2. 2004: Wicked vs Avenue Q
In what was certainly a brutal year for the Best Musical Award, these two shows battled it out to the very end for the top prize. Whilst the puppet musical was considered the underdog, the show led a clever marketing campaign urging voters to 'vote with their heart', which ultimately saw it clinch the victory. Eleven years on however, it is Wicked that continues to play to capacity houses on Broadway, whilst Avenue Q enjoys an off-Broadway residency - showing that sometimes the top prize doesn't always determine overall success.
In what many thought would be the death knell for Broadway as they knew it, the House of Mouse took home the coveted award from the more artistically revered work by Flaherty and Ahrens thanks primarily to the work of director/designer Julie Taymor. The shows were pitched against each other in most categories, with Ragtime rightfully winning Best Score and Book - and the Disney lights continued to burn brighter on the Great White Way ringing in a new decade of musicals to come all searching for the same level of success.
This year was important for many reasons, and the race for Best Musical exemplified for many the competition between American composers and the so called 'British Invasion' which saw shows that had originated in London taking over Broadway. Andrew Lloyd Webber's 'Phantom of the Opera' took home the award for Best Musical, going on to become Broadway's longest running theatre where it still continues to pack in the crowds at the Majestic. Sondheim and Lapine's fairy tale mashup won in other major categories however - none more notable that Joanna Gleason winning the Tony for Best Actress in a Musical over the tipped-to-win Patti LuPone in 'Anything Goes'. To quote Miss LuPone directly - the moment below stunned her and sent her into some kind of acid trip where Gleason looked like the Tin Man from 'Wizard of Oz'. Sadly - the cameraman failed to capture her actual reaction on screen, or if he did, he is no longer alive to tell the tale...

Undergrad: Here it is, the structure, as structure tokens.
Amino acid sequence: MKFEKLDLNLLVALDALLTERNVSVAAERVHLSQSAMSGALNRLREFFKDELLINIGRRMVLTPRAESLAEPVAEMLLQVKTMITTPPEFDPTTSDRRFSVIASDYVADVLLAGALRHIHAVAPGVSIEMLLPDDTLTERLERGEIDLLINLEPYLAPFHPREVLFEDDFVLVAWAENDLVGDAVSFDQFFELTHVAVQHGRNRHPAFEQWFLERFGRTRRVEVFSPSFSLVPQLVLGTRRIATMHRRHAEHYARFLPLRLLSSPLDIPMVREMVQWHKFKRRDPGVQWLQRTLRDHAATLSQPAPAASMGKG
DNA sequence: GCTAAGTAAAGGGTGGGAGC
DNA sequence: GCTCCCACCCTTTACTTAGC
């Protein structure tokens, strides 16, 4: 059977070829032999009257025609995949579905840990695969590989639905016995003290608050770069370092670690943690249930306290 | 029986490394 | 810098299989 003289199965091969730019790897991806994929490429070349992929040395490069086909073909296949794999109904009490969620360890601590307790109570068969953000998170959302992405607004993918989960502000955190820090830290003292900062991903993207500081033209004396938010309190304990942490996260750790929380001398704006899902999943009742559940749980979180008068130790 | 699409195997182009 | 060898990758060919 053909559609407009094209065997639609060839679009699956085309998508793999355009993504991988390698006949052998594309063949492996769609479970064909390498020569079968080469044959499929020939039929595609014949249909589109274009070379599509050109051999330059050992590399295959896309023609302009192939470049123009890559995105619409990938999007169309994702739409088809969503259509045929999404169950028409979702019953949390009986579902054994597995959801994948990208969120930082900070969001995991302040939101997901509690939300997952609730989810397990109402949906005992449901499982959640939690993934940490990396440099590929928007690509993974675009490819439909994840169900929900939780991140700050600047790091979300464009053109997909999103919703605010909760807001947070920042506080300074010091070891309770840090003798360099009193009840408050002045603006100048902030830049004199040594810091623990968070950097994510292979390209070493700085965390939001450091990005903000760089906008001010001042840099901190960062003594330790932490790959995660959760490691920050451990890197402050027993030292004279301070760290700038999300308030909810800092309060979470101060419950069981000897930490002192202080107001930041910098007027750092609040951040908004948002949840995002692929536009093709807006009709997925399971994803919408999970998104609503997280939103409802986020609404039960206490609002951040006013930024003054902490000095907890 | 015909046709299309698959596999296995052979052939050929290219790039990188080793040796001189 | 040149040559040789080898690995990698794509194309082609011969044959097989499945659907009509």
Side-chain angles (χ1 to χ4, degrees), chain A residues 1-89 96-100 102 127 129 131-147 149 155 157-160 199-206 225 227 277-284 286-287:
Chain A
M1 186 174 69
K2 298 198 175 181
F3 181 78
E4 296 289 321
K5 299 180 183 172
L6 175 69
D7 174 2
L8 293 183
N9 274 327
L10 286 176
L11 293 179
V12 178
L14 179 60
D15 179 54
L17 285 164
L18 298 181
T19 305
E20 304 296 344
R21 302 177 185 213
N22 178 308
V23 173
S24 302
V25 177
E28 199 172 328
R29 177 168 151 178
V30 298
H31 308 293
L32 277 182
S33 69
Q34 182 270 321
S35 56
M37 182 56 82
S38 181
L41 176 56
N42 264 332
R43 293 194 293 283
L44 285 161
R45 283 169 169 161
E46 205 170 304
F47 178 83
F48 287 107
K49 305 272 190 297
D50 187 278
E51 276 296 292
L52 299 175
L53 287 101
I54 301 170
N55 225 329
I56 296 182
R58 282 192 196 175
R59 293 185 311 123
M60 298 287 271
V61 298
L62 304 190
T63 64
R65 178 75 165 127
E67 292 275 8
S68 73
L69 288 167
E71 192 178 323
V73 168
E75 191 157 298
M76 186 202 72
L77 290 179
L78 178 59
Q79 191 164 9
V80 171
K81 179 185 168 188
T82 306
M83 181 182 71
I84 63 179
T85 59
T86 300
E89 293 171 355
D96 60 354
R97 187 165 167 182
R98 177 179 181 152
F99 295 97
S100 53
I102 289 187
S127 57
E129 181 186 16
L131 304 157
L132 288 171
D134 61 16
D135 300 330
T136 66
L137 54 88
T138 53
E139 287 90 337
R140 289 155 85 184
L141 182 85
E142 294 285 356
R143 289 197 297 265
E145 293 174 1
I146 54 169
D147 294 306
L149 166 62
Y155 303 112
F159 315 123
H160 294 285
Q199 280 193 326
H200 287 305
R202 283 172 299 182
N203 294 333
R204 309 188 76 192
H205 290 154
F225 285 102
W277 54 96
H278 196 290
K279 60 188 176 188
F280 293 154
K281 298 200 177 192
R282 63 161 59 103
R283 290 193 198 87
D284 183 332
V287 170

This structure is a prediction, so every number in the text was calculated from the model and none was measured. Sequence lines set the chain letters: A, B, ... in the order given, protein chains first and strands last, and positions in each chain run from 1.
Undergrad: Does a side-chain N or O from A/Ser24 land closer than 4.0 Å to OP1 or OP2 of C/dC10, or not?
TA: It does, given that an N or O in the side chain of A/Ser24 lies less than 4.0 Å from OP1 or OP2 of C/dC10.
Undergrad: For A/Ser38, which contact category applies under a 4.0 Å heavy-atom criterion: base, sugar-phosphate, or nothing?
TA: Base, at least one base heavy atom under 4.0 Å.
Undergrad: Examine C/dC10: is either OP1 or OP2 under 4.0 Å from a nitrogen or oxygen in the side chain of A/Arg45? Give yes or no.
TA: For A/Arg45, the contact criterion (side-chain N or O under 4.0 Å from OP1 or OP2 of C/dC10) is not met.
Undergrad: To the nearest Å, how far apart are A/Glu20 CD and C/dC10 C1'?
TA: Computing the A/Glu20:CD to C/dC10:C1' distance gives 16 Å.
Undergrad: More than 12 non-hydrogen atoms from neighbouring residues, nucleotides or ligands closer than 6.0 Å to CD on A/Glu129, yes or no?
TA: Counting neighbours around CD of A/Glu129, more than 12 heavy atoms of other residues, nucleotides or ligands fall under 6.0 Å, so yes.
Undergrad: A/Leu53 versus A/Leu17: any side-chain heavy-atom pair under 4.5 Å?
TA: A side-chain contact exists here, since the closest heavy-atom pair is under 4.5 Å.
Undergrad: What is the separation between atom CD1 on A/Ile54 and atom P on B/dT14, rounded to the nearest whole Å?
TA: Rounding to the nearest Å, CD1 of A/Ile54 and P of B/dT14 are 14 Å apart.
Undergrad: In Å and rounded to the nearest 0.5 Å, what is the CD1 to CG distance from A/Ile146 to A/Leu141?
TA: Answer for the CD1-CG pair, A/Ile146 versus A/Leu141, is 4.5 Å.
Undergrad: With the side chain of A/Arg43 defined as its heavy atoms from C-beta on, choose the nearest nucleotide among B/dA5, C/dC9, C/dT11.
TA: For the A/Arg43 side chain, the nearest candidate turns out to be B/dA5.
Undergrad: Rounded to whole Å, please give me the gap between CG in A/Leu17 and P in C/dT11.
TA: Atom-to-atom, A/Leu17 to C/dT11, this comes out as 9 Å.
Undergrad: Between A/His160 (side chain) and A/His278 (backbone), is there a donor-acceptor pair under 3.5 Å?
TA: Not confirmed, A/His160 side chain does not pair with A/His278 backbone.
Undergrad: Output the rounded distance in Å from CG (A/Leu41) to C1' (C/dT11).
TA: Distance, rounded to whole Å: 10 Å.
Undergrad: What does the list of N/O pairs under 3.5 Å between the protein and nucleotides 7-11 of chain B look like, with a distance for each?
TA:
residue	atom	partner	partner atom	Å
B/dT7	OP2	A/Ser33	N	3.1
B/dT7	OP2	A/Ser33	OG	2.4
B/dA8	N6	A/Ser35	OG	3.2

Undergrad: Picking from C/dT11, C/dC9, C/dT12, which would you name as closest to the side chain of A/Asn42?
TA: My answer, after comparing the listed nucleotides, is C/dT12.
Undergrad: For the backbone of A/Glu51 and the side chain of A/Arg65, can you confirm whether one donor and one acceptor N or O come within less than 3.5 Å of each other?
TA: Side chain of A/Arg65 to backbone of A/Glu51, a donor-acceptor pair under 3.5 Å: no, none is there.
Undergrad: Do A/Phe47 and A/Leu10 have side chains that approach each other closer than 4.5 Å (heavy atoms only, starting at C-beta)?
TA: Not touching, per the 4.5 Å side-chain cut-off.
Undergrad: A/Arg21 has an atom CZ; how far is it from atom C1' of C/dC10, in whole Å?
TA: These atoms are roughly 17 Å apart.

5. 1984: Sunday in the Park With George vs La Cage aux Folles
This year saw a battle between the new and the old, with Sondheim's highly artistic work based on the painter George Seurat went head to head with Jerry Herman's brassy popularist work. It defined a break in musical theatre history, as audiences in the 80s found themselves interested in a different style of musical, namely one that doesn't over orchestrate the brass section. Jerry Herman throws serious shade on Sondheim as he took home the award for Best Score, using the opportuniy for a personal dig as he says it proves that the 'hummable show tune is alive and well'...Ouch.
6. 1982: Nine vs Dreamgirls